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Public sector wage negotiations. Employer has responded to Labour demands and it is not good news.

Public Service wage negotiations for the period 2022/23-financial year.

The Public sector unions tabled a wage demand on 4th May 2022. The employer promised to respond on 19 May 2022.

The employer responded as follows :

1. There will written confirmation by Treasury to support the offer if an agreement is to be concluded to avoid a repeat of the 2020-wage dispute.

2. A single-term agreement is supported, provided negotiations are concluded by June 2022 and the focus is only on a cost-of-living allowance (COLA). In addition, the next round should commence in July 2022 and conclude by September 2022 for negotiations to be aligned with budgetary processes.

3. A 0%-salary increase is offered, whilst the cash gratuity for the 2022/23-financial year will continue. The employer, however, hinted at withdrawing the cash gratuity and use the R20.5 billion available budget for a baseline increase, which may not be favourable as it will entail reduced cash-in-pocket for many employees.

4. Housing Allowance to increase in terms of the CPI as per PSCBC Resolutions 7/2015. Further, savings will not be paid to employees upon dismissal or resignation.

5. The demand for pay progression for employees on maximum notch is not supported. The employer is of the view that the pay progression must be implemented in terms of current prescripts.

6. A bursary scheme for children of government employees is under consideration by the Department of Higher Education and Training.

7. Permanent appointment of contractual employees is not possible as it must be preceded by the organisational design that would dictate the need for permanent positions.

8. Abolishment of salary level one to three will not be possible as it will devalue the rationale for job evaluation and grading in the public sector and is also not affordable.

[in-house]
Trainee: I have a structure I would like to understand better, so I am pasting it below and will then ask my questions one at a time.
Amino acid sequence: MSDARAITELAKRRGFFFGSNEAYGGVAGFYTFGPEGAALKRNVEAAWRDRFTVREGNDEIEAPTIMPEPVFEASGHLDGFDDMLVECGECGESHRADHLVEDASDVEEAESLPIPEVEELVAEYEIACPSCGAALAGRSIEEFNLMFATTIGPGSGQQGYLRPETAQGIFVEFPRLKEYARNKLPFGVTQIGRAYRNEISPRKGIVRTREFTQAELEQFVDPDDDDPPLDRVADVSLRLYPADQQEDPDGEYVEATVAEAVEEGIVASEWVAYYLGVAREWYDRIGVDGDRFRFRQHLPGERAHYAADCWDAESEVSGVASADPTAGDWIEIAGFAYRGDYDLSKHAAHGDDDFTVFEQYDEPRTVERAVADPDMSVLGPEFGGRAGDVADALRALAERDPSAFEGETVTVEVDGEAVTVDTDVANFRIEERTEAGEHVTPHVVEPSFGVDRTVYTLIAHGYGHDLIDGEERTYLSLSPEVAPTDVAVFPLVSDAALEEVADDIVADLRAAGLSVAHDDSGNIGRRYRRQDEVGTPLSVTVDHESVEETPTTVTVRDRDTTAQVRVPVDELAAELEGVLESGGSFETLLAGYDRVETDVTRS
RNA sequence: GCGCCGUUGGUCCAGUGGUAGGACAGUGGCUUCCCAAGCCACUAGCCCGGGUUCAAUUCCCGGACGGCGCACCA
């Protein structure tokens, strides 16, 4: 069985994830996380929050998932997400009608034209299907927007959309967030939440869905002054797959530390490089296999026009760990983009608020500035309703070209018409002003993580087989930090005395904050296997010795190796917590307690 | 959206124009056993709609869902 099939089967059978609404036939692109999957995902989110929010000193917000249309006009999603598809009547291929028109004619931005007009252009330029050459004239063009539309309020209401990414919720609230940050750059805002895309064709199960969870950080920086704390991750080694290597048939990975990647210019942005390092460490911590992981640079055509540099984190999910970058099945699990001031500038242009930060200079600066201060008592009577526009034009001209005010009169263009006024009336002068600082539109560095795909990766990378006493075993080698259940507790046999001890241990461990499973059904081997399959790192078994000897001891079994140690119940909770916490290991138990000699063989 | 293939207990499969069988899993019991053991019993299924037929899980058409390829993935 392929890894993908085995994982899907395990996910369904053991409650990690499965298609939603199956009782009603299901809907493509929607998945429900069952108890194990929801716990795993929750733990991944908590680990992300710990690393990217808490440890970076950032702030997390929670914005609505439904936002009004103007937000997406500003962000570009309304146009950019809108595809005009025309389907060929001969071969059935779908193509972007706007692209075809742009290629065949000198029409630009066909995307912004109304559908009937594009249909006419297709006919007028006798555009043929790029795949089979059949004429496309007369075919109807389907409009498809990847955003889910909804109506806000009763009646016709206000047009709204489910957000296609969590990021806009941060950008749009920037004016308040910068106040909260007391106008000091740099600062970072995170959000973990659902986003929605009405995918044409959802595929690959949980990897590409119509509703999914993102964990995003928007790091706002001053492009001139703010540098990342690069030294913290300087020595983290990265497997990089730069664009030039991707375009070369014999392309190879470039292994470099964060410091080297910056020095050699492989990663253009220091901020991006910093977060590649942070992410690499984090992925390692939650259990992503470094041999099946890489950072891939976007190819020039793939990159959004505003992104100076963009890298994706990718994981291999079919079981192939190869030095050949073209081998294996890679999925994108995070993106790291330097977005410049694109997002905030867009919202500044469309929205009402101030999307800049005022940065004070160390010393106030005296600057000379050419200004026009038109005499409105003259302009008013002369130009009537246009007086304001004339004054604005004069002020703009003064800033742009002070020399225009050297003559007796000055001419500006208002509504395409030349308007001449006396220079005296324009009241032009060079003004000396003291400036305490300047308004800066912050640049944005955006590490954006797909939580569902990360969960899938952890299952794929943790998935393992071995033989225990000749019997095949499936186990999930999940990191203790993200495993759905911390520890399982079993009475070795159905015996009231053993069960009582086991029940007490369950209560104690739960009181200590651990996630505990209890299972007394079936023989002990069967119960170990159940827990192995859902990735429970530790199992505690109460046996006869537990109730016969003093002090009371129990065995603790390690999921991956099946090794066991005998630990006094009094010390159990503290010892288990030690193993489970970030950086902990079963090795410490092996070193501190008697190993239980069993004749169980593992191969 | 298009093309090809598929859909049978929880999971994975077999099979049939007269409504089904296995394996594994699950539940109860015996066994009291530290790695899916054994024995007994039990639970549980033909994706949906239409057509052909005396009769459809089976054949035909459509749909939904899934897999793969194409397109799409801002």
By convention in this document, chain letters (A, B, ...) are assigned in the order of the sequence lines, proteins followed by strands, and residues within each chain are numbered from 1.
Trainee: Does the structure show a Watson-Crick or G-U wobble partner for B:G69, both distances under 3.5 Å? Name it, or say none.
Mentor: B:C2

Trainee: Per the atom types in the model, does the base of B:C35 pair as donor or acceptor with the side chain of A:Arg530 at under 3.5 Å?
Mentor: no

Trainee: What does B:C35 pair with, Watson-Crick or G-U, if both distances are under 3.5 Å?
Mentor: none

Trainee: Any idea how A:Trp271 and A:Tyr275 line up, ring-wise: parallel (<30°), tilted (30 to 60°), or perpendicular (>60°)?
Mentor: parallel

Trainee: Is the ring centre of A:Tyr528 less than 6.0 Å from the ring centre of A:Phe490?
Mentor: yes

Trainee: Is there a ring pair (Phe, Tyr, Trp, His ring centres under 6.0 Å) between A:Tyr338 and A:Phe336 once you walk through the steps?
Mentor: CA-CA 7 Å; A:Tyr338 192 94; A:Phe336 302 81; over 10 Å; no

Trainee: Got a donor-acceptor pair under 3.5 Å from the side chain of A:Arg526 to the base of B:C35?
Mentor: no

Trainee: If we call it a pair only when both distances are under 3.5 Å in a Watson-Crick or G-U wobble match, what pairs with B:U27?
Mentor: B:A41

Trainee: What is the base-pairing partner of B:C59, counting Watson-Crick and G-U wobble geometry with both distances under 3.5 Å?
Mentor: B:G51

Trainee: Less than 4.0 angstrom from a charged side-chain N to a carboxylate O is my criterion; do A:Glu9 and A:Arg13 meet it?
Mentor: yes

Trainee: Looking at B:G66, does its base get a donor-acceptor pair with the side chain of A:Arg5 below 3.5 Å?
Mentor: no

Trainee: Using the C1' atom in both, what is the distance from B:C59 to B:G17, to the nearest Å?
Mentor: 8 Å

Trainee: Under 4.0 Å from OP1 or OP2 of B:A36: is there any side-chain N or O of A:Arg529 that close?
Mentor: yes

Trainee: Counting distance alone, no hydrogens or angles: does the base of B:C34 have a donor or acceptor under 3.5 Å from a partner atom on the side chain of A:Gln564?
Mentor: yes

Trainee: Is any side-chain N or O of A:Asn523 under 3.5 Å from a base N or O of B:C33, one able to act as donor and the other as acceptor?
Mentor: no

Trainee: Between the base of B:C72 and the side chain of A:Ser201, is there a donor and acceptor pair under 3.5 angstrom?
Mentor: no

9. The demand that 12% of basic salary be offered during a disaster such as COVID-19 is not supported as it would disrupt the already tabled framework and is not affordable.

10. Leave encashment and encashment of capped leave is not supported as it would overstretch the current fiscal framework.

11. Access to the pension fund to assist during tough economic conditions cannot be entertained at Council as it should be dealt with at Nedlac.

12. Resolution on the recruitment and selection processes cannot be concluded as the process is decentralised, and executive authorities should be engaged individually.

13. Medical aid can only increase in accordance with the Medical Price Index and nothing extra as the increase is implemented in terms of a collective agreement.

Members must bear in mind that the employer indicated that it has only R20.5 billion for the purpose of a salary increment and cannot offer anything beyond what is budgeted for.

The demand by unions for a 10% increase across-the-board amounts to R49 billion and is not affordable. Briefly, the employer did not agree with a single demand from labour and proposed that these demands be deferred to the next round of negotiations owing to non-affordability in the current financial framework. Labour noted the response as tabled by the employer and will report back to their principals. Labour can only revert to Council on 31 May 2022 owing to unavailability of negotiators from various unions, based on prior arrangements.


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Labour Public Service Treasury

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